The formatting is also a bit annoying – I read this as a PDF and maybe that’s why, but there are some parts where the characters speaking changes within the same paragraph, and it’s quite confusing. There’s a bit right near the end that make me want to pull my hair out, just on principle. It bothers me. Not a deal-breaker or anything, but I really do hope it was just because it was a PDF.
The final, biggest thing I didn’t like was Neil. Gotta be honest. He is a pretty great character, and I really like the specific insecurities that he has – basically he’s a very emotional man wrapped up in suave British (read: William Darcy English) packaging – but I don’t like him. To be fair, the things that I don’t like about him are things that I’m not supposed to like about him. The first time he and Sophie meet, 6 years prior to the start of the book, they end up sleeping together. That’s not the bit that bothers me. The bit that bothers me is that she tells him about how she’s flying to Tokyo in the morning to pursue a journalism job, and the next morning she wakes up to find him gone – along with her plane ticket, with some money left behind and a note, telling her that he hopes she won’t go to Tokyo, even though he left her enough money to do so if she wanted to, because she’s so young and has her whole life ahead of her and is making a bad decision, listen to the grown-up. She ends up staying in New York and getting a job there instead, but the fact that he had the presumption to do such a thing rubbed me the wrong way right from the start (and no, she’s not happy about it either, and it makes the crush she has on him for the following 6 years all the more infuriating for her).
Then at the end of the book he essentially ends up making another huge, life-changing decision on her behalf without consulting her, without trusting her judgment, completely undermining her and treating her like his intellectual inferior – treating her like the impulsive teenager he met 6 years ago (which he didn’t know until later; she lied about her age when they first met, so at least he wasn’t intentionally hooking up with a teenager while in his 40s). To be fair, he is drugged-up in an emergency room at the time, but it’s so similar, and just so fucking infuriating. I felt every bit of Sophie’s indignation and distress, and it was a fantastic way to end the book. And, again, it’s meant to be a bad thing; I’m meant to not like this side of him, and it’s very clear that he’s being an asshole from the way the book is written. So that’s not my problem. My problem is that I’m so put off by Neil being the way he is that I just can’t quite bring myself to root for him and Sophie to get together. This is offset somewhat by liking Sophie enough that I just want her to be happy and oh god I’ve become a fucking fanboy, what have I done, let’s end this review before I lose the rest of my dignity …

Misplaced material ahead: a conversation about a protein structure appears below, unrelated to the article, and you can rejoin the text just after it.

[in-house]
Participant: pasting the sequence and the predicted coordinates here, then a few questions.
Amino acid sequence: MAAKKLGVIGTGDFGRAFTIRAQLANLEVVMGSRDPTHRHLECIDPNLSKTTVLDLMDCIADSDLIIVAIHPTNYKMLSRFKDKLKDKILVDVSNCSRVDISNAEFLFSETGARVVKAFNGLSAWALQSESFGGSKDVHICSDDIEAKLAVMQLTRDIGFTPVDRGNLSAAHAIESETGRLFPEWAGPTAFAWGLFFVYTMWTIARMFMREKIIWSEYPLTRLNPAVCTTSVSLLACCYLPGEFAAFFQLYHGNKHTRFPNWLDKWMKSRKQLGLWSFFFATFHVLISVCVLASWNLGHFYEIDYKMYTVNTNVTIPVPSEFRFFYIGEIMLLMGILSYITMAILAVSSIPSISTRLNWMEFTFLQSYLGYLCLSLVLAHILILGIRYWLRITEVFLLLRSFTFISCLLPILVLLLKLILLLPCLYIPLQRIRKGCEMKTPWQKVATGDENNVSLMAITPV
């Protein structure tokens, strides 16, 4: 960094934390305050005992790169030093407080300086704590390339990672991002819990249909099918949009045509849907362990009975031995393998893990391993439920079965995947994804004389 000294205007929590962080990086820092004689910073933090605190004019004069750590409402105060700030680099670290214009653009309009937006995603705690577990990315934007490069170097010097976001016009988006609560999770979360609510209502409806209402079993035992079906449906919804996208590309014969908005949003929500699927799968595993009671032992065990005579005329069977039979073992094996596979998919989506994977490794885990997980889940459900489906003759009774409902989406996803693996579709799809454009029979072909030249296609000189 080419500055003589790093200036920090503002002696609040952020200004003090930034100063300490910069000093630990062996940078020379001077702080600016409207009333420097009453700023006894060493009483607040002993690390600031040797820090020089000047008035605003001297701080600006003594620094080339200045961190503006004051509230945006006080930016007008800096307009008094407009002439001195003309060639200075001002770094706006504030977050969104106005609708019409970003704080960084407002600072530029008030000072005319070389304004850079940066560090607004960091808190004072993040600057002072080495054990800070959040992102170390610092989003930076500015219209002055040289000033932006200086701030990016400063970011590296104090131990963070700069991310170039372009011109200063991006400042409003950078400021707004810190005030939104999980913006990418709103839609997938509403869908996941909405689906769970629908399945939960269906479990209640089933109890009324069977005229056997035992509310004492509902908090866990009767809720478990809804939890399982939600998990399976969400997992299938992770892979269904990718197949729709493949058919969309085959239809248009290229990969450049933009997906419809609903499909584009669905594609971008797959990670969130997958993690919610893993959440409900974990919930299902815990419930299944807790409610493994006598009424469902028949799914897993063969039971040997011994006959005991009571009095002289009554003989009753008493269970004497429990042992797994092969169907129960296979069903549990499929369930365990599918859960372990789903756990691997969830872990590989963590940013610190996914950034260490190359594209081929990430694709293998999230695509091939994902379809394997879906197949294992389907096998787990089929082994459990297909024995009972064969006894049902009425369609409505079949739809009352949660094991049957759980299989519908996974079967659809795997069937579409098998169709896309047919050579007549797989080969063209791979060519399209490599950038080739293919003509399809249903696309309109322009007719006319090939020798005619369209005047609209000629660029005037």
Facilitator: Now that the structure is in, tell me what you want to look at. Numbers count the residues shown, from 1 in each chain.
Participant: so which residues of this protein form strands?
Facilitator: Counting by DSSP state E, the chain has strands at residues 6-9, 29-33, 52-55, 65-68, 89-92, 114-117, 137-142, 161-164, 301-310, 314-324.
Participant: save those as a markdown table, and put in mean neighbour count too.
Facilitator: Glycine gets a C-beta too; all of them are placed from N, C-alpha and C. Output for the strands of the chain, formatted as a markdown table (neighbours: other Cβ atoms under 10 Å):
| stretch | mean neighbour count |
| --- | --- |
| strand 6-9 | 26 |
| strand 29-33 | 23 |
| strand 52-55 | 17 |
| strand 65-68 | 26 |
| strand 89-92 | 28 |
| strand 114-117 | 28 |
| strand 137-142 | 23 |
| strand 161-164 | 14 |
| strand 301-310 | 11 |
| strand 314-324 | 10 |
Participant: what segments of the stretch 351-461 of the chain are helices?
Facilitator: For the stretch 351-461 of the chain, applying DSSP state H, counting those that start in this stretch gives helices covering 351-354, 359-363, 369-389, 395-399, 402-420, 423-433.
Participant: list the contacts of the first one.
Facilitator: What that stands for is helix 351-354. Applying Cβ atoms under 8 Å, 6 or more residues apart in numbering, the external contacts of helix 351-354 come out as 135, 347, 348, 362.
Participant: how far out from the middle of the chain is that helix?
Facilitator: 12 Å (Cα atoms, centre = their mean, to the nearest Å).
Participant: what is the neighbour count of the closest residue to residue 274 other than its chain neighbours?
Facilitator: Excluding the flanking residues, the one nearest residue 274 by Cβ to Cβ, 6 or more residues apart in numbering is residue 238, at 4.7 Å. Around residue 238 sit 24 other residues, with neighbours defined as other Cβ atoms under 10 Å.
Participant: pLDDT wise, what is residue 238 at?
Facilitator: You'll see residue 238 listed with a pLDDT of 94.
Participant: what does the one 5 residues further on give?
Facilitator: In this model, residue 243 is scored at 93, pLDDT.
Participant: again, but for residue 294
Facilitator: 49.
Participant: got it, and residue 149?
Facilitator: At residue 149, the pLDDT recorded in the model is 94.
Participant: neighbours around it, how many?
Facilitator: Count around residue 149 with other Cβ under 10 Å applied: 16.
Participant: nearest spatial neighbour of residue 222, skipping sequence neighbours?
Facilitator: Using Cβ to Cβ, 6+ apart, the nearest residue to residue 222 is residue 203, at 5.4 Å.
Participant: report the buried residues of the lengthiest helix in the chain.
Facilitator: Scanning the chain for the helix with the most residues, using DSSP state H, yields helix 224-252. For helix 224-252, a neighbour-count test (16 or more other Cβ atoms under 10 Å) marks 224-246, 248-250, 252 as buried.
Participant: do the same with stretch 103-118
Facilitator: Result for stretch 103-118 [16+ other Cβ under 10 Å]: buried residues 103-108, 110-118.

But no, seriously, The Boss was a hell of a lot of fun, and I could stand to learn a few things from it when it comes to handling side-characters, making them just interesting and compelling enough that they are fun to be with, but not so fascinating that they distract from the rest of the story – and most of all, how well-rounded all the characters seem, even though we don’t really get to learn very much about most of them. For the most part, when something happens in this story, it actually matters, has consequences and follow-through, and as such everything feels solid, connected, coherent and satisfying. It is a huge shame that it dropped the ball with Deja’s rushed-past rape story, though. I hope the other two books make up for it.
And I’m definitely going to read them. I don’t know when, but it’s going to happen, and I’ll probably write equally self-conscious reviews of them when the time comes. If it wasn’t clear enough already, I definitely recommend this to anybody looking for a bit of smut to kill a few hours with; the smut is great if you’re up for exploring the D/s dynamic (I have no idea how this reads if you’re already part of the scene), and the rest of it is surprisingly, refreshingly compelling. Or maybe only “refreshing” because for the past year or so I have been reading the most inane schlock I could get my hands on. Intentionally. I have nobody to blame but myself on that front.
I guess I find willing submission to mild torture more appealing than I thought. No wonder I like this book.